Difference Between Preferred DNS and Alternate DNS server.

DNS server

Switching to the best DNS server not only increases the page loading speed, but it also helps in accessing several different websites that were not accessible before. Changing the computer’s Preferred and Alternate DNS to Google public DNS ( and is considered best to use.

While changing my Preferred and Alternate DNS server of my computer I found myself wondering about the difference between Preferred and Alternate DNS. After talking with some expert I got the answer to my question and in this post, I am going to share that knowledge with you all.

At first, to understand the difference between Preferred Alternate DNS you have to understand what DNS server is and how it works?

What a DNS server is and How it works?

The Domain Name System or DNS is a global database of the numerical IP addresses that lie behind the ‘friendly’ website names we prefer.

DNS is like a phone book for the internet. When you type a web address in your browser like www.ravelingtech.com (also known as a hostname), a DNS server will use it to look up the actual IP address of the website. The DNS then converts this to the website’s numerical (IP) address on the internet. Your request is then passed on to that server and the page is retrieved.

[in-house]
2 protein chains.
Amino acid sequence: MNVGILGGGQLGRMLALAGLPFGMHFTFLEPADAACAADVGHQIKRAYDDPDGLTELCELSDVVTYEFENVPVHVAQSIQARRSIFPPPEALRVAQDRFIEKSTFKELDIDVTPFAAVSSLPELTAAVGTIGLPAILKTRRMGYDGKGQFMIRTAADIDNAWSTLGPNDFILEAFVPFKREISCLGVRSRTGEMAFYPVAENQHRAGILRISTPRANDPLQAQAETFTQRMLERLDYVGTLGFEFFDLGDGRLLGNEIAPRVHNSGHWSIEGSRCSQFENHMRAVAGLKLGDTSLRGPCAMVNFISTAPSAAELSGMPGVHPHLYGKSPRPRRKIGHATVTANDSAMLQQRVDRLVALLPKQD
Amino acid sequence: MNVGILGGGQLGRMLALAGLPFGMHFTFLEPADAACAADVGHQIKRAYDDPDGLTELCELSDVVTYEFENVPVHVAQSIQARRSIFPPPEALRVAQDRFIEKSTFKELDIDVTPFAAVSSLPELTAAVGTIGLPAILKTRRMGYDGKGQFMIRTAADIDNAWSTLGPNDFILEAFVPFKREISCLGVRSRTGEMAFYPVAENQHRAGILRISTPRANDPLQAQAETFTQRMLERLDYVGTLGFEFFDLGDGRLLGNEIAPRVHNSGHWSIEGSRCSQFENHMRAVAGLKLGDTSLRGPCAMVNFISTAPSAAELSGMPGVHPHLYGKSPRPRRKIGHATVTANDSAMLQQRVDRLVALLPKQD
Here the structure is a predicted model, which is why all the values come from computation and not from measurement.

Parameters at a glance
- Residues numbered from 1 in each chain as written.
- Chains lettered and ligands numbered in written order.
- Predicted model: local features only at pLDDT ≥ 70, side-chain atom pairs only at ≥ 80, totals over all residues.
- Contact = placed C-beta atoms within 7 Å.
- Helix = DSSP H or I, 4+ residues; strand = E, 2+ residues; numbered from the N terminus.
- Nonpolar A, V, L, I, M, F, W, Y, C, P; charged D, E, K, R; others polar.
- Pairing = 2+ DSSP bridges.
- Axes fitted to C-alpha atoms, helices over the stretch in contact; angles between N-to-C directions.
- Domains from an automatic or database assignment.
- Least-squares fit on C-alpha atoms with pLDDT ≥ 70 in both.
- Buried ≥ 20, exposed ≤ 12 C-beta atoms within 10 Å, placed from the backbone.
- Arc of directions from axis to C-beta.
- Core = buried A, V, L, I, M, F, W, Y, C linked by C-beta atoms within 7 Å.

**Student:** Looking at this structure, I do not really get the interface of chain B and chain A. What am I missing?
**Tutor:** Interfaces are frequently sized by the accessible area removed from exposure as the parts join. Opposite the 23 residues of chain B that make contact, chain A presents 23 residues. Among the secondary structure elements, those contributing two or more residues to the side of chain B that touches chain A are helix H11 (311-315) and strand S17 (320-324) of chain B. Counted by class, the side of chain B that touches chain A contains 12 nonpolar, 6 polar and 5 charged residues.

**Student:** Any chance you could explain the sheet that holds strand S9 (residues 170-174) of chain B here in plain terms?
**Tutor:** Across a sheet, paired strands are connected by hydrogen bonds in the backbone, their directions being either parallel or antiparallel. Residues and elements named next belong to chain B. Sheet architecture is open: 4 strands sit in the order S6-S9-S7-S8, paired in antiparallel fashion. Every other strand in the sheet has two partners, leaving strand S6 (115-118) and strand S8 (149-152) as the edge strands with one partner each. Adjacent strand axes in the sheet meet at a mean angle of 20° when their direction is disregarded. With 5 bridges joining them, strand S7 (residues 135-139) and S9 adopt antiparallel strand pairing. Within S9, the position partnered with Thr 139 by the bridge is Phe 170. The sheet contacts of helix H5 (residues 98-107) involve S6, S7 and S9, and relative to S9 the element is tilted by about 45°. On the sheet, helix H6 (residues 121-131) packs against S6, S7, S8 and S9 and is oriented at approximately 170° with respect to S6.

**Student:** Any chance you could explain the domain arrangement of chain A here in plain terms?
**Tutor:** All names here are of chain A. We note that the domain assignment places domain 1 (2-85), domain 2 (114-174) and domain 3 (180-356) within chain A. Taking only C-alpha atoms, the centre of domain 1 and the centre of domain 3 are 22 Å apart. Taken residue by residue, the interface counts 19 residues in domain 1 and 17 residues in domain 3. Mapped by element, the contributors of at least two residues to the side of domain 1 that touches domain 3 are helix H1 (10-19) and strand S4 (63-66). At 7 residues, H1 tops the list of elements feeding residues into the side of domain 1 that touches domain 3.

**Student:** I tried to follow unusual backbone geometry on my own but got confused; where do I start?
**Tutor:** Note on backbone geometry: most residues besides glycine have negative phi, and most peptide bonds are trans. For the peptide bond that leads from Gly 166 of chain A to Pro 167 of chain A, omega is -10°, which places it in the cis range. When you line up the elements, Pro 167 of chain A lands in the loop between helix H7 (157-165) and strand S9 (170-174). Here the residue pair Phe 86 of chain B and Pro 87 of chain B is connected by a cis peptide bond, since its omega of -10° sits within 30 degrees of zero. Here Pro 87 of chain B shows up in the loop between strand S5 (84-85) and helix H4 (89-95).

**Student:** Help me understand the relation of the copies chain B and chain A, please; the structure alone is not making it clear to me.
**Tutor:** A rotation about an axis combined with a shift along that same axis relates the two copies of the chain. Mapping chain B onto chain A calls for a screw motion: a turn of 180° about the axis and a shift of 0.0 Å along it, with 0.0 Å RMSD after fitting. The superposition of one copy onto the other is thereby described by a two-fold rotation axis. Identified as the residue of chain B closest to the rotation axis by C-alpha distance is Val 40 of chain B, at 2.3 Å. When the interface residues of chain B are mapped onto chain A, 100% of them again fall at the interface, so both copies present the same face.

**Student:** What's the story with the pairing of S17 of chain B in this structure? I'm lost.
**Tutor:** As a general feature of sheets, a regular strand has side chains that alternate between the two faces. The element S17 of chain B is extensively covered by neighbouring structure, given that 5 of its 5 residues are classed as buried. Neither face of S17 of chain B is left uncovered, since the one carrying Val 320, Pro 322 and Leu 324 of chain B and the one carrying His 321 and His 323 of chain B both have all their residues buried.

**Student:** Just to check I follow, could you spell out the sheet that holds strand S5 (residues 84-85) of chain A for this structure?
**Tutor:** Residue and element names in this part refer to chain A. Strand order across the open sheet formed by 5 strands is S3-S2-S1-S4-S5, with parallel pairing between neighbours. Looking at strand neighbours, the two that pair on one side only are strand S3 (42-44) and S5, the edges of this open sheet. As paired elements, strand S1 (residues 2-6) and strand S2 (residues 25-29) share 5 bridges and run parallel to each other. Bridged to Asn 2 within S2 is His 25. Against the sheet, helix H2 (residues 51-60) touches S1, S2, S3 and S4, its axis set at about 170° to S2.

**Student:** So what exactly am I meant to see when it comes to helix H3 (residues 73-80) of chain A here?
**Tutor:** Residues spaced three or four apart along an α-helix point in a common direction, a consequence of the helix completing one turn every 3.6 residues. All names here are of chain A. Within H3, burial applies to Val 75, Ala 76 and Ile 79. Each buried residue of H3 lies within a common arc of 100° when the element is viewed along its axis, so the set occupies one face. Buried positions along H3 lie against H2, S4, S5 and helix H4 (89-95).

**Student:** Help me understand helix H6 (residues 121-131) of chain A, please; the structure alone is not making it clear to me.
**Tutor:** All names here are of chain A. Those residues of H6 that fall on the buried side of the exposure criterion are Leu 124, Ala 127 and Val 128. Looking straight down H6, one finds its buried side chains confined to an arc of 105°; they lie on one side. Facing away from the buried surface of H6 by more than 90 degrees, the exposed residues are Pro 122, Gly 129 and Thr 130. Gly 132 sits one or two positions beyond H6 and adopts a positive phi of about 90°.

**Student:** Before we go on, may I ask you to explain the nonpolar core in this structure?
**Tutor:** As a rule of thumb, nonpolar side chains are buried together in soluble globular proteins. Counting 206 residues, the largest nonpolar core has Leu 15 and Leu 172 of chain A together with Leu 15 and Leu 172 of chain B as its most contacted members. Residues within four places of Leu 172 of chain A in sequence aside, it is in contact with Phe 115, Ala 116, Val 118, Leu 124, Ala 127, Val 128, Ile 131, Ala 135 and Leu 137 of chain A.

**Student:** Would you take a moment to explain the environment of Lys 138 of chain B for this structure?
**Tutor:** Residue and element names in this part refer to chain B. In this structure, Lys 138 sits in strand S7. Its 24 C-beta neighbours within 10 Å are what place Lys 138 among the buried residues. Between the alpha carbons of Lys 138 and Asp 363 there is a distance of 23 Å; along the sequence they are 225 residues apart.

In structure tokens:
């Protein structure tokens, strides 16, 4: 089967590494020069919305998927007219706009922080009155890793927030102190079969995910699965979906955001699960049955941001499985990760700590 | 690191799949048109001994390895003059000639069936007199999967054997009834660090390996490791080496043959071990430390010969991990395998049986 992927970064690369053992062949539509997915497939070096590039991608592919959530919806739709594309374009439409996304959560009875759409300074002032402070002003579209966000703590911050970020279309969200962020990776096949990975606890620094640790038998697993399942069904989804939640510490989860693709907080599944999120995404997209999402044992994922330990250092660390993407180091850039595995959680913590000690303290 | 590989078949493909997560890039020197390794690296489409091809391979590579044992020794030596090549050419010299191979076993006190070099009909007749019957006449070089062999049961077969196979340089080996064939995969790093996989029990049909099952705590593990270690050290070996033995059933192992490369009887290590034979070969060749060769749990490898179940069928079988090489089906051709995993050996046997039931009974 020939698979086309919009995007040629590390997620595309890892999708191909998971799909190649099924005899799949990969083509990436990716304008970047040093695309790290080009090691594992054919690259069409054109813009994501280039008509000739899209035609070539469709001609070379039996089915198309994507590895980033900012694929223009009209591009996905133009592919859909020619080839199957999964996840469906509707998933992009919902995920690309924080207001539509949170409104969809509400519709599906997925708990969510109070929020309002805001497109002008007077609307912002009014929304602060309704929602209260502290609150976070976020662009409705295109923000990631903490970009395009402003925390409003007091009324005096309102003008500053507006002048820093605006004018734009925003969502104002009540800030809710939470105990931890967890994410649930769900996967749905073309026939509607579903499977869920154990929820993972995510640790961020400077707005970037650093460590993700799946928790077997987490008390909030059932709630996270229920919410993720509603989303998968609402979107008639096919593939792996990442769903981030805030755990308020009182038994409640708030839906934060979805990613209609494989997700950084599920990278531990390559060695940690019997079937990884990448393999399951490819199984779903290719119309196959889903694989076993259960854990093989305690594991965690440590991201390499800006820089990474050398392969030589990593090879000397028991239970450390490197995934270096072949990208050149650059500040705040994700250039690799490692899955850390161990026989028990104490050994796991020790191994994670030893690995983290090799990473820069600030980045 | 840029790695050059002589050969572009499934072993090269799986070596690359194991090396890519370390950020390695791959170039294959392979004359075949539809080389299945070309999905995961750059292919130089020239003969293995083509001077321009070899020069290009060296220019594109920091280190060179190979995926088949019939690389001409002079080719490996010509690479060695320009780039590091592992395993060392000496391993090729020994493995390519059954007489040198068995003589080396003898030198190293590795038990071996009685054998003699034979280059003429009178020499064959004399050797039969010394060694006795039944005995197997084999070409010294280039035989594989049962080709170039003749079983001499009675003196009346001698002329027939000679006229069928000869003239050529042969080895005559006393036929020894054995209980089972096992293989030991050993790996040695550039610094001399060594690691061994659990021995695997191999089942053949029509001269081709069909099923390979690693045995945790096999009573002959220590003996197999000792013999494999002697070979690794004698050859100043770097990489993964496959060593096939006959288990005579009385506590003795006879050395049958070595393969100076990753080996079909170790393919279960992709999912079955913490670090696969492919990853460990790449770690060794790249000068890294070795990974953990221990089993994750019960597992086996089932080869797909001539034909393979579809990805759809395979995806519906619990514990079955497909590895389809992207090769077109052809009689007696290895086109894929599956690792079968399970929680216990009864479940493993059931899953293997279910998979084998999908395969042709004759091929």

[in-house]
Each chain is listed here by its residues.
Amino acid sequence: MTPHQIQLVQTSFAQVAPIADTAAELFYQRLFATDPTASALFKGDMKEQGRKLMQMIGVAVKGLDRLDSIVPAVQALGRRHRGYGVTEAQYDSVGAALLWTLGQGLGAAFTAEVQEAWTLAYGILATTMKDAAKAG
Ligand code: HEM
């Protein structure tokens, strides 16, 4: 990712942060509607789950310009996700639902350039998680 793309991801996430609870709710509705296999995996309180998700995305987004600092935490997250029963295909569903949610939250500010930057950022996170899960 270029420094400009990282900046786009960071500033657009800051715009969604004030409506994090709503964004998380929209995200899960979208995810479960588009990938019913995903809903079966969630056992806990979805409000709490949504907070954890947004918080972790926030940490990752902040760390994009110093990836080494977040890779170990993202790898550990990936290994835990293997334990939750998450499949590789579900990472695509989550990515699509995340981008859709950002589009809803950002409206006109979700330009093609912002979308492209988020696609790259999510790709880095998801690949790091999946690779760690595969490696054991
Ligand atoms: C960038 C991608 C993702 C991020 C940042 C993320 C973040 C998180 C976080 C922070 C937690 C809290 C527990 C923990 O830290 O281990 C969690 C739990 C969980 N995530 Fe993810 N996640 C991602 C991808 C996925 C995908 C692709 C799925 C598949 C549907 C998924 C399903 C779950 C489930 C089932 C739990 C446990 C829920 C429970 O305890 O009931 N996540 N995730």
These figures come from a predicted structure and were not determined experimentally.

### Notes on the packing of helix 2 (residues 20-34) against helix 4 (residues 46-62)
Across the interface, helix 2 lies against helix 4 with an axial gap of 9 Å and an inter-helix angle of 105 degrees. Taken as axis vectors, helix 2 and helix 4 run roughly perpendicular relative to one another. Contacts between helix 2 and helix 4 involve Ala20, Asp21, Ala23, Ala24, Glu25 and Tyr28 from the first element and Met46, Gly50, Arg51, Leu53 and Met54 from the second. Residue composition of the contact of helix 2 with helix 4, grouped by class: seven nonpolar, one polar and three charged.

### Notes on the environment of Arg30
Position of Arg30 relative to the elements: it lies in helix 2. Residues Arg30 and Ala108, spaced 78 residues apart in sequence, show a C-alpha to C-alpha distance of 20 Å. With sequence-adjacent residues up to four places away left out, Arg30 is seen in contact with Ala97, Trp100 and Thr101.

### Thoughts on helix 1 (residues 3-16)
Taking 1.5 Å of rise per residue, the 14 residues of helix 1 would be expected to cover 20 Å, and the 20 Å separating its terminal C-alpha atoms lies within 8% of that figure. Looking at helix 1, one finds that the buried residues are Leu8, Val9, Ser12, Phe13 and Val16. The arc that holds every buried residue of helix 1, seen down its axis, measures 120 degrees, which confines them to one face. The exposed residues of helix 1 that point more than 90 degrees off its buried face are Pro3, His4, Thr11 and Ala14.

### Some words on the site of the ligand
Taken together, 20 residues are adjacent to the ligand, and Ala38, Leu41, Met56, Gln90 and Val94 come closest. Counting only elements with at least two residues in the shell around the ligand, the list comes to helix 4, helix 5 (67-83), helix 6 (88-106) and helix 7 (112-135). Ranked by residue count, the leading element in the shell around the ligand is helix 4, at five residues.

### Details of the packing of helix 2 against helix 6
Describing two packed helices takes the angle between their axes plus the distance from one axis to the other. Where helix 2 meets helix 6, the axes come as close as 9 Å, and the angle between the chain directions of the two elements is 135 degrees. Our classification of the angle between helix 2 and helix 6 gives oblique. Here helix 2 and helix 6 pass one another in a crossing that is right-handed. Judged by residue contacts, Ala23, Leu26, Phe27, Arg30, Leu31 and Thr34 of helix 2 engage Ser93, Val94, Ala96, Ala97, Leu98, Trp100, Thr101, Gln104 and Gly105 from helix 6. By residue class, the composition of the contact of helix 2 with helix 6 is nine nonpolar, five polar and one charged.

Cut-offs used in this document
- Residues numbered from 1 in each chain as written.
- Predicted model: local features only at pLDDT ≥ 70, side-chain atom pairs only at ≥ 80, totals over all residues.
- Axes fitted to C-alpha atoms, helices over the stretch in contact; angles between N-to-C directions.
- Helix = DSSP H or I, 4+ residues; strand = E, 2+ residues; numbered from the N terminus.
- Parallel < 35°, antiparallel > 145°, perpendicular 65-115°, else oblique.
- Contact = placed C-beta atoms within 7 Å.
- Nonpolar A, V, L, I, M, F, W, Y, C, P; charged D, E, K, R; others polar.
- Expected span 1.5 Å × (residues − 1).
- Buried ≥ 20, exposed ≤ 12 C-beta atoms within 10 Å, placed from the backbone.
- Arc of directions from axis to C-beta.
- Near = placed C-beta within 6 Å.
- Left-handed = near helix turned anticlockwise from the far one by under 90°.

Difference between Preferred and Alternate DNS.

Of course, there isn’t just one single DNS server computer sat in a dusty room somewhere, but lots of them, run by numerous companies globally (including Google). These servers synchronize in various ways so that, in theory at least, the database on one DNS server is the same as another. However, similarly, in theory, some DNS servers might be less up-to-date than others-so some might contain redundant web addresses, while other might lack a new one.

All this brings us to the difference between Preferred and Alternate. These are really Microsoft Windows terms; elsewhere you might see them referred to as ‘primary’ and ‘secondary’. As a modern, internet-connected PC is more or less useless without DNS, it’s sensible to have a backup. That’s the purpose of an Alternate (or secondary) DNS server: if your PC can’t contact the Preferred (primary) server, it’ll head to the Alternate. 

You can flip the IP addresses around and it won’t make any noticeable difference. Again, theoretically, a secondary DNS server might be slightly less up-to-date than a primary one-but practically this will hardly ever be the case with Google’s DNS servers. 

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